Sun-won Kang recently spent a week occupying five square metres of solitude. He gave up his phone, swapped his clothing for a uniform of dark-blue shirt and slacks and slept on the floor of cell number 207.
He grew a bristly beard, took meals of rice porridge through a door slot and used a toilet and washbowl in the corner.
But this wasn’t prison. In work-addicted South Korea, this was his vacation.
The Land of the Morning Calm is the most overworked nation in Asia. It has the second-longest work hours in the 35-nation Organization for Economic Co-operation and Development, after Mexico. South Koreans work 2,069 hours a year, compared to the average of 1,764 hours among OECD countries.
Fourteen-hour days are not uncommon here, nor are six-day workweeks. Small wonder, then, that professionals like Kang seek ways to alleviate burnout.
The 57-year-old engineer was clocking nearly 70 hours a week at a Kia and Hyundai car plant in Seoul. This month, he was among 14 guests who paid 500,000 Korean won ($578 Cdn) to stay for seven days at Prison Inside Me, a meditation centre in Hongcheon, a snowy mountain hamlet two hours west of Pyeongchang.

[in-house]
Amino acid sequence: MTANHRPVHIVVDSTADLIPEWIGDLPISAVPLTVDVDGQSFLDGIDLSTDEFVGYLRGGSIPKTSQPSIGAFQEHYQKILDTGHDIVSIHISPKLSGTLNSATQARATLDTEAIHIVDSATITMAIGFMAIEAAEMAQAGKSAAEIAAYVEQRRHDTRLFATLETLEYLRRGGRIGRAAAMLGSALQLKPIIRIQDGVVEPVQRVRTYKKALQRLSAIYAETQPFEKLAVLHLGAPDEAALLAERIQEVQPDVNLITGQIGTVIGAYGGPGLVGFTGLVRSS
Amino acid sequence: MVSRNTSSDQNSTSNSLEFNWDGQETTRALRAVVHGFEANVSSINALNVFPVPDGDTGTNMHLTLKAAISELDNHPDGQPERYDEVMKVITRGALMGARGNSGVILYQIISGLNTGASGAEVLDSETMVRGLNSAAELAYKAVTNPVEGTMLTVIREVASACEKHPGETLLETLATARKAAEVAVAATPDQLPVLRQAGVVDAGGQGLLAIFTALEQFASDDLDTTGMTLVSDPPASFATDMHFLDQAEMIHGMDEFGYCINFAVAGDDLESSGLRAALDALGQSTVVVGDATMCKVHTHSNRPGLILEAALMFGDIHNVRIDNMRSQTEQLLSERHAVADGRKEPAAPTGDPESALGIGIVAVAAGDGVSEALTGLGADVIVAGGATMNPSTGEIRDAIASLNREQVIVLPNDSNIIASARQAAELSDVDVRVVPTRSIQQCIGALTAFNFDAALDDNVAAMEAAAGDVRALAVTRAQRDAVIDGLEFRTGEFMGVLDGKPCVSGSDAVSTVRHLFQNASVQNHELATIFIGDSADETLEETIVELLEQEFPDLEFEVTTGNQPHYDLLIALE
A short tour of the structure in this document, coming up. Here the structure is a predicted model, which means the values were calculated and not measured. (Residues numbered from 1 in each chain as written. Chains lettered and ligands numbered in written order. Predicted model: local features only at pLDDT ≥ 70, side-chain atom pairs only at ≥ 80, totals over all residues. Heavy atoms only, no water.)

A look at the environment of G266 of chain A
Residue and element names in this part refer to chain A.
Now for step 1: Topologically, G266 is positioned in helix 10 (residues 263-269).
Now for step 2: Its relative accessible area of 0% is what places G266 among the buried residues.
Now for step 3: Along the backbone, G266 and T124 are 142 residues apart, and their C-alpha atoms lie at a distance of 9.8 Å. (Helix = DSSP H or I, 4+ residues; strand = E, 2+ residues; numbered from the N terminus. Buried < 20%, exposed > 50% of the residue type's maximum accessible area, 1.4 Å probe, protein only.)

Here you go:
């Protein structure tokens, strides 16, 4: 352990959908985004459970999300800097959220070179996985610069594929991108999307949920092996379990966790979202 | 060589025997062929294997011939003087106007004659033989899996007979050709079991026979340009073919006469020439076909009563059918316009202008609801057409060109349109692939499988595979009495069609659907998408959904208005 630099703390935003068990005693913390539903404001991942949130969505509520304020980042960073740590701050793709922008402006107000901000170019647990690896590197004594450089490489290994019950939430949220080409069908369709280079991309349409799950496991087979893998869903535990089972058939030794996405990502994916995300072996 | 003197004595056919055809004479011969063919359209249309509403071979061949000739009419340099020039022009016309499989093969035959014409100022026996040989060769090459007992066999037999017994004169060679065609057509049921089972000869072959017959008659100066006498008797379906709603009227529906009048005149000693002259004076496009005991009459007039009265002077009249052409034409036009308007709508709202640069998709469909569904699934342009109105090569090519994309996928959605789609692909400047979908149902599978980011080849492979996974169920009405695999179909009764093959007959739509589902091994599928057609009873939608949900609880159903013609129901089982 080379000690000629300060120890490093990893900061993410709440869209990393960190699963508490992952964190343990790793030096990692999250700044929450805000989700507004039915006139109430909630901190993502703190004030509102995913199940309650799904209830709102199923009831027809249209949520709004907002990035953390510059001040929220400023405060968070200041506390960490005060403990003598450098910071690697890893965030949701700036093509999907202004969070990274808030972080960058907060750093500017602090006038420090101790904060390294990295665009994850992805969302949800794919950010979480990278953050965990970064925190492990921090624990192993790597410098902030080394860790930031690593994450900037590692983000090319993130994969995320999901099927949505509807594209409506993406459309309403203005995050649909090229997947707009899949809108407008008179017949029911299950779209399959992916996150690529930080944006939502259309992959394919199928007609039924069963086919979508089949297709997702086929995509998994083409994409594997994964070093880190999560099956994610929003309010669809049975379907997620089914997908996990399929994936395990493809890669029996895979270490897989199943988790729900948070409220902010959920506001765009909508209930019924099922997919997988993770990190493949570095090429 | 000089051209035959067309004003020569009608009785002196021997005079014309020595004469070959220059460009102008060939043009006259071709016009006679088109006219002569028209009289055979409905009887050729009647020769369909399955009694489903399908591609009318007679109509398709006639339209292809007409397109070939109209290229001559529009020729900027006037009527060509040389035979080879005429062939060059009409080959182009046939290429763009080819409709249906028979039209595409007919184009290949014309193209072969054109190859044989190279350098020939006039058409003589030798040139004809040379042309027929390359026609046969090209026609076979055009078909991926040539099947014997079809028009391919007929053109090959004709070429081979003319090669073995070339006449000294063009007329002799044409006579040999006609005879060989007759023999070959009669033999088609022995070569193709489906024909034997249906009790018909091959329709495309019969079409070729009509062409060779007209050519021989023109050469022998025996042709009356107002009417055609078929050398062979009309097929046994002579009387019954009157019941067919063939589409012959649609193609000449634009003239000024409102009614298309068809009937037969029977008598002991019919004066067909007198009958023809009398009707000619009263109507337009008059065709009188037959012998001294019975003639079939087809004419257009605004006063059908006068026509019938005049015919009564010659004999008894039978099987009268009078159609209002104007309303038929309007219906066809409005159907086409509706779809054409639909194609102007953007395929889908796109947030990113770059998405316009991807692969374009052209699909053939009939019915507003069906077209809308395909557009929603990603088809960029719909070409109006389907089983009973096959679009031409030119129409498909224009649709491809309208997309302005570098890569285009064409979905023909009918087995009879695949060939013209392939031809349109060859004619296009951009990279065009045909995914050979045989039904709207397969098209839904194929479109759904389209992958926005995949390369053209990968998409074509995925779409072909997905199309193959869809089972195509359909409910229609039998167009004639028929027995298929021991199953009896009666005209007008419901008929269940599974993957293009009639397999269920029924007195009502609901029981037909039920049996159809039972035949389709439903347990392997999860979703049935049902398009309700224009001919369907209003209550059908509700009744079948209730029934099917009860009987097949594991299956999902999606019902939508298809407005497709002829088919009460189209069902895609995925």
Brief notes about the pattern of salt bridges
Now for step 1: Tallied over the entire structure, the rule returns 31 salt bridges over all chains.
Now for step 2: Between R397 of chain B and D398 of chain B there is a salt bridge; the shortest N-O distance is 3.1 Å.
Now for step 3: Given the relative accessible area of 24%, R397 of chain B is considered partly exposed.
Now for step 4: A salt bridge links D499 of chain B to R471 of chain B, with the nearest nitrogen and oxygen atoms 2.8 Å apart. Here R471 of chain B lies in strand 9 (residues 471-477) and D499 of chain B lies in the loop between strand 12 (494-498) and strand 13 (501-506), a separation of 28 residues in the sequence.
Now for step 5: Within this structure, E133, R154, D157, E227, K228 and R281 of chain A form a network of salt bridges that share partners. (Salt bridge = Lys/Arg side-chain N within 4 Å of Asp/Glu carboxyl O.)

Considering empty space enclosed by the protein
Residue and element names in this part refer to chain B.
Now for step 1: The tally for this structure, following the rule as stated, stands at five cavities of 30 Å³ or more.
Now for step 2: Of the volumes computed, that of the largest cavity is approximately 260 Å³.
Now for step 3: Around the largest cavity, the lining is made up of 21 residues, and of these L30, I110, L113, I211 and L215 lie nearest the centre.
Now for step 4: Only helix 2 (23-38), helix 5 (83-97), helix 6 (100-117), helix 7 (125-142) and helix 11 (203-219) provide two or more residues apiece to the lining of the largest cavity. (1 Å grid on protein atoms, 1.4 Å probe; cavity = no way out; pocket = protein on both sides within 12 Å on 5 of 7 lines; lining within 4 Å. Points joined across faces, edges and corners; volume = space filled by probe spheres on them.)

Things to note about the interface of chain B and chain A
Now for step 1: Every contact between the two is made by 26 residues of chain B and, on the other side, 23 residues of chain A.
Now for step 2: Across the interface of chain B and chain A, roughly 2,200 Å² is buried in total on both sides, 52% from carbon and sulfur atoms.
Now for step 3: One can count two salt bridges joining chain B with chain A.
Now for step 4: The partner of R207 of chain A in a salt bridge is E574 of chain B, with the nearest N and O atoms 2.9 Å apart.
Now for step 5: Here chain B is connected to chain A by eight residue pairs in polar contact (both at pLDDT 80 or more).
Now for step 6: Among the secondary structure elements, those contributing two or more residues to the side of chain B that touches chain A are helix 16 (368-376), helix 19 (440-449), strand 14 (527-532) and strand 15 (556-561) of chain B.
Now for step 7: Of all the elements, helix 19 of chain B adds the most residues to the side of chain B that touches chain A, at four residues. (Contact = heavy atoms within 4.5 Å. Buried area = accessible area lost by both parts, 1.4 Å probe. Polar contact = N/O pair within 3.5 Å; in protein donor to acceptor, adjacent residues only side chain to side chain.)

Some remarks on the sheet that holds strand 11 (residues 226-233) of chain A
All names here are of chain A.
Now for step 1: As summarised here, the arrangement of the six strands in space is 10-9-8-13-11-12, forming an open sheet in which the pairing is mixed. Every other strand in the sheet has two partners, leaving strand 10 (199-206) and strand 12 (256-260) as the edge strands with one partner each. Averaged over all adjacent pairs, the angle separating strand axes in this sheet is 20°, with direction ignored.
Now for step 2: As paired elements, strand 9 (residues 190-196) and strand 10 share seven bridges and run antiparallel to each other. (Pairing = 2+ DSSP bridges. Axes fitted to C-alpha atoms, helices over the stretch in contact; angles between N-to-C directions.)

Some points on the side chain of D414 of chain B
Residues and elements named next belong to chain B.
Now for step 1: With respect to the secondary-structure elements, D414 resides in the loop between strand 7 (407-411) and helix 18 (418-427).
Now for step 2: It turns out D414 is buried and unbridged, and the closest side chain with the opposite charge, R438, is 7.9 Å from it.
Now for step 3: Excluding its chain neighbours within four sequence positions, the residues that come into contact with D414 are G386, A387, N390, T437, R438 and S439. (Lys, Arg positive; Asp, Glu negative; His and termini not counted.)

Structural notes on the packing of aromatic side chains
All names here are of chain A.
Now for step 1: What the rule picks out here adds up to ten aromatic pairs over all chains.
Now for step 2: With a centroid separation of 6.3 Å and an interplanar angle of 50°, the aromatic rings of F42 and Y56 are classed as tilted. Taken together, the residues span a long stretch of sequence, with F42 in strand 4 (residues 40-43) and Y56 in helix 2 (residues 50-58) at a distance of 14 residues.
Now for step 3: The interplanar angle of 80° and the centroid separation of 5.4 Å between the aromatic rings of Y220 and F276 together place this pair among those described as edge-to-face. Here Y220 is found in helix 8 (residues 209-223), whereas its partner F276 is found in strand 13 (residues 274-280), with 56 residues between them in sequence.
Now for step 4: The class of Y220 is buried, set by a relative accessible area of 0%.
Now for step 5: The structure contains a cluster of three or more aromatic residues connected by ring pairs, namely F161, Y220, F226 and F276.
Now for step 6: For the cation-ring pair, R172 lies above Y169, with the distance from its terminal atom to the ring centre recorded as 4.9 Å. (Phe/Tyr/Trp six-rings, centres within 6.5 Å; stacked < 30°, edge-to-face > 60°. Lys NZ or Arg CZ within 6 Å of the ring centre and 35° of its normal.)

Here, Kang said, he could slip out of the shackles of manic Korean life by shutting out external stimuli and focusing inward.
“I’m overworking. That’s the main reason I’m here,” he said, his voice barely rising above a whisper on the last day of an intensive zen program called The Gateless Gate.
“Today, I feel more refreshed. My mind is light.”
A feeling of ‘freedom’
This was Kang’s third stay at Prison Inside Me, which opened in 2008. Over the years, hundreds of patrons from around the country have checked in, including office workers, stay-at-home moms and high-school students. One program even hosted a 13-year-old boy.
The 28 identical cells have a window, heated wooden floors, a small table with a diary, a tea set, a yoga mat and a panic button. Though the doors are locked on the outside, participants are shown how to undo the latch from inside.
Repeat visitors insist that for what it lacks in amenities, the facility makes up in spiritual healing. The penal atmosphere provides Kang with something he feels he’s missing back in the capital.
“Freedom,” he said.
That attitude reflects the irony of the jail-themed retreat, said Ji-hyang Roh, the facility’s co-founder.
“Locking themselves up in solitary confinement here is not a prison; the true prison is the world outside,” she mused.
The complex was the brainchild of her husband, Yong-Seok Kwon. As a prosecutor in the countryside, Kwon was working 100-hour weeks. It took a physical and mental toll.